I needed fuel and provision but need to arrange a telegraphic transfer to the local bank to buy them. That took three weeks during which time I did some sightseeing, fitted a new self-steering gear, which I had previously arranged to be shipped out to the Falkland Islands, gave away 20 now empty jerry cans and generally tidied up Iron Bark. There were several other yachts in Stanley, all interesting. I had met two of them in Antarctica, The Alderman and Express Crusader. Another, Mirabelle, was a lovely varnished hull sloop of about 35 ft with a British crew whose average age was well over 70. There was a steel Canadian sloop from Newfoundland that later spent the winter in the Falkland Islands and the next winter in South Georgia and another Canadian vessel, this one aluminium, called Toanui. Despite its kiwi name, the owner was originally from Tasmania. The only production fibreglass yacht was a Tayana that had sailed down the Pacific Ocean from Japan and around Cape Horn and looked pretty ragged.

I left the Falkland Islands on 24 March and sailed up the Atlantic to Trinidad, when I hoped there was a job waiting for me. The passage took 55 days including a two-day stop in Fernando da Naronha, an island off the bulge of Brazil.

Thursday, 27 October 2011

Iron Bark in Antarctica, summer

Iron Bark's route 1999

After a rough passage of 48 days from New Zealand I arrived in the Antarctic Peninsula on 3 January 1999 and moored between rocks in Andersen Harbour in the Melchior Islands. I stayed there 13 days, recuperating, working on boat and gear and exploring the surrounding area by dinghy. I rebuilt the self-steering gear, stowed the deck gear to make it easier to run long mooring lines ashore and generally cleaned and scrubbed as much as my limited supply of water allowed. Water was in short supply as my attempts to melt snow or ice by putting it in black containers in the sun were ineffective, I had not found any melt water nearby and my kerosene was too precious to be used for melting ice for cleaning.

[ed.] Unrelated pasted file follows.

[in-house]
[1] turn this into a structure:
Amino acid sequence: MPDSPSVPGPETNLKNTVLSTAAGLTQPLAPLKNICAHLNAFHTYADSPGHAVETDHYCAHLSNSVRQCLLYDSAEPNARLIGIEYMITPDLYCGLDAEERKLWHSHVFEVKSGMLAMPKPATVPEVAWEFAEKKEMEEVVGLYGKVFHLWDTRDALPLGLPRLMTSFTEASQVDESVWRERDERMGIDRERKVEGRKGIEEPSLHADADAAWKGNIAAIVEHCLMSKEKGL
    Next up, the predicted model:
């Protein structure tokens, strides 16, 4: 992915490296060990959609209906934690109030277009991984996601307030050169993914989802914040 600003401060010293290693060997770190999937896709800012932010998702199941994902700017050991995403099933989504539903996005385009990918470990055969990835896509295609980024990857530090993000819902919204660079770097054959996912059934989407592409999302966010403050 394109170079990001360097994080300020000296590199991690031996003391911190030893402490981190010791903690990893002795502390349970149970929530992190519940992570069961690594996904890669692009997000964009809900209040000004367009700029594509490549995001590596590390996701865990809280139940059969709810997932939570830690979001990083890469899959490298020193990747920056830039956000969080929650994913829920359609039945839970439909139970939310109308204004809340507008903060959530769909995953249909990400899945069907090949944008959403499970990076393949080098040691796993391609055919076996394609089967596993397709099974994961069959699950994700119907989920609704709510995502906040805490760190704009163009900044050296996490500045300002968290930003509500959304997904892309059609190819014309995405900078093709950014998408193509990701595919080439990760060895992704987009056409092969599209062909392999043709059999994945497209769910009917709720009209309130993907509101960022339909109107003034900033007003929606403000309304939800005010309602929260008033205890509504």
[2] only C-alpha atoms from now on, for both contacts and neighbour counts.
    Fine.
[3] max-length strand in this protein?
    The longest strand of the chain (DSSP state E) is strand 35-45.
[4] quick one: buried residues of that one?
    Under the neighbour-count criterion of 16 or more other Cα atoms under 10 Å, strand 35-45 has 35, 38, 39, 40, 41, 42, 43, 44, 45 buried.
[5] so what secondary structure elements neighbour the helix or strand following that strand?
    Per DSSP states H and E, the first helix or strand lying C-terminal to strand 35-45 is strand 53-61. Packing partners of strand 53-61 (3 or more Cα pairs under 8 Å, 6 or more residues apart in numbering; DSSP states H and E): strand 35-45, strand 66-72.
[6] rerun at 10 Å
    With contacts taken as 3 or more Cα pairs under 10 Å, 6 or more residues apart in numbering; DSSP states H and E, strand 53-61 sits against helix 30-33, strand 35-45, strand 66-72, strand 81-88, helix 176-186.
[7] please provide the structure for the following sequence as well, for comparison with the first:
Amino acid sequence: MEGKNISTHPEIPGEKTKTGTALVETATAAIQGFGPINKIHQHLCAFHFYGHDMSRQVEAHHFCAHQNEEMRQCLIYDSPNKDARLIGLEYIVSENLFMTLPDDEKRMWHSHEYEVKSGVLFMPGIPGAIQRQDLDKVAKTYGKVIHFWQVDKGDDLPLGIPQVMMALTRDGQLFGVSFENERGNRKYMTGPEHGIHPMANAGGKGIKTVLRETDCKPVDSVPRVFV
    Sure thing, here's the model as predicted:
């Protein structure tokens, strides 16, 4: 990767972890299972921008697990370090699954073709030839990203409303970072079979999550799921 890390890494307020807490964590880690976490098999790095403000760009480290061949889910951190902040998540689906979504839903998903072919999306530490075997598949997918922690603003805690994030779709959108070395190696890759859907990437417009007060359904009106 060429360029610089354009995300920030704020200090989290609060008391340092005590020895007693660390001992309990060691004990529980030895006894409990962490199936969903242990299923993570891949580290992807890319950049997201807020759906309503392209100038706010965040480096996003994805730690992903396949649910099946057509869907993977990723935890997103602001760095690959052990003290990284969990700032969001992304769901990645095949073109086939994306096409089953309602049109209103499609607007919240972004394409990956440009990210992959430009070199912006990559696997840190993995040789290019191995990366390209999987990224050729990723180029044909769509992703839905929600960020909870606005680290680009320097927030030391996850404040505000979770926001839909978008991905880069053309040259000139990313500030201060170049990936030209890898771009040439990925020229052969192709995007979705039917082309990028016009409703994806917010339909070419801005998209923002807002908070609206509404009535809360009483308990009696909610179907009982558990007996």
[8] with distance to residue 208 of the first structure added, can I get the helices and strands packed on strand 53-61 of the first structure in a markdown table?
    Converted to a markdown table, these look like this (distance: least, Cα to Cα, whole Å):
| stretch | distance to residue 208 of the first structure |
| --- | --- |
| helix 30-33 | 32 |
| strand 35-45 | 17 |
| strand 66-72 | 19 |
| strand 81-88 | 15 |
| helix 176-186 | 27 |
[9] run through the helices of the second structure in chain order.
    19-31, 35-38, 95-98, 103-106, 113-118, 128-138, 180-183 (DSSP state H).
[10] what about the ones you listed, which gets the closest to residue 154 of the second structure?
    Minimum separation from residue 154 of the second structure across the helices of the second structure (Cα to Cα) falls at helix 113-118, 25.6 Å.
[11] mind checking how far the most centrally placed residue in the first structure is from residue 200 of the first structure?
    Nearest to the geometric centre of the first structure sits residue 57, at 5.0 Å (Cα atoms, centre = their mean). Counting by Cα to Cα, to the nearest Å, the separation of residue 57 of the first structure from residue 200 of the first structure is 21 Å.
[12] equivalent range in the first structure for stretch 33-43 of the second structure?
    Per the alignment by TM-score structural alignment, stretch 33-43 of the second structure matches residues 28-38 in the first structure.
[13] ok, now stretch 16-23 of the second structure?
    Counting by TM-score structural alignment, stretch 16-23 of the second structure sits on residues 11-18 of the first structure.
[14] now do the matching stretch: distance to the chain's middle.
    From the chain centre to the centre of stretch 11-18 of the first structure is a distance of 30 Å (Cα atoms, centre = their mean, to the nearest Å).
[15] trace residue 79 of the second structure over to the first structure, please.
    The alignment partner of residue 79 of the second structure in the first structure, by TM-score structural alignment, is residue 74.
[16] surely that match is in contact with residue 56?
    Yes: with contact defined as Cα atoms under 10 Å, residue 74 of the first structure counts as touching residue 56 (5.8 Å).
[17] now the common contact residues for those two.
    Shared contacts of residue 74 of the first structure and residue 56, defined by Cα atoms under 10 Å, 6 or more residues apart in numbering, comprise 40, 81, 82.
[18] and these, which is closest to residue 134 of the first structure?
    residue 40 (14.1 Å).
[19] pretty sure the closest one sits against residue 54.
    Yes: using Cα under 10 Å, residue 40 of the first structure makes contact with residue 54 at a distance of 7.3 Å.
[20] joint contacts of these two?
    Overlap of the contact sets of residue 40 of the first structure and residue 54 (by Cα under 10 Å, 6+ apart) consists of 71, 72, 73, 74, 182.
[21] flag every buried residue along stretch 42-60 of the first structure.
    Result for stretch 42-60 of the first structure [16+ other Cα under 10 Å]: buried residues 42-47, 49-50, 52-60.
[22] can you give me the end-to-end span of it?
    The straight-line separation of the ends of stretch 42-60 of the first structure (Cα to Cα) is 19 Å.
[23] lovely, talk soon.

Fending off ice at midnight, Melchior Anchorage

Visibility was often poor with very low cloud and flat, grey light but one sunny day I rowed down the channel to the east of the anchorage and there was Brabant Island ten miles away with its mountains and glaciers glistening, majestic and austere. This was the scenery I had imagined when I planned the trip. On a more human scale were Weddell seals, small groups of gentoo and chinstrap penguins on the ice around the boat with minke whales and a couple of leopard seals swimming around.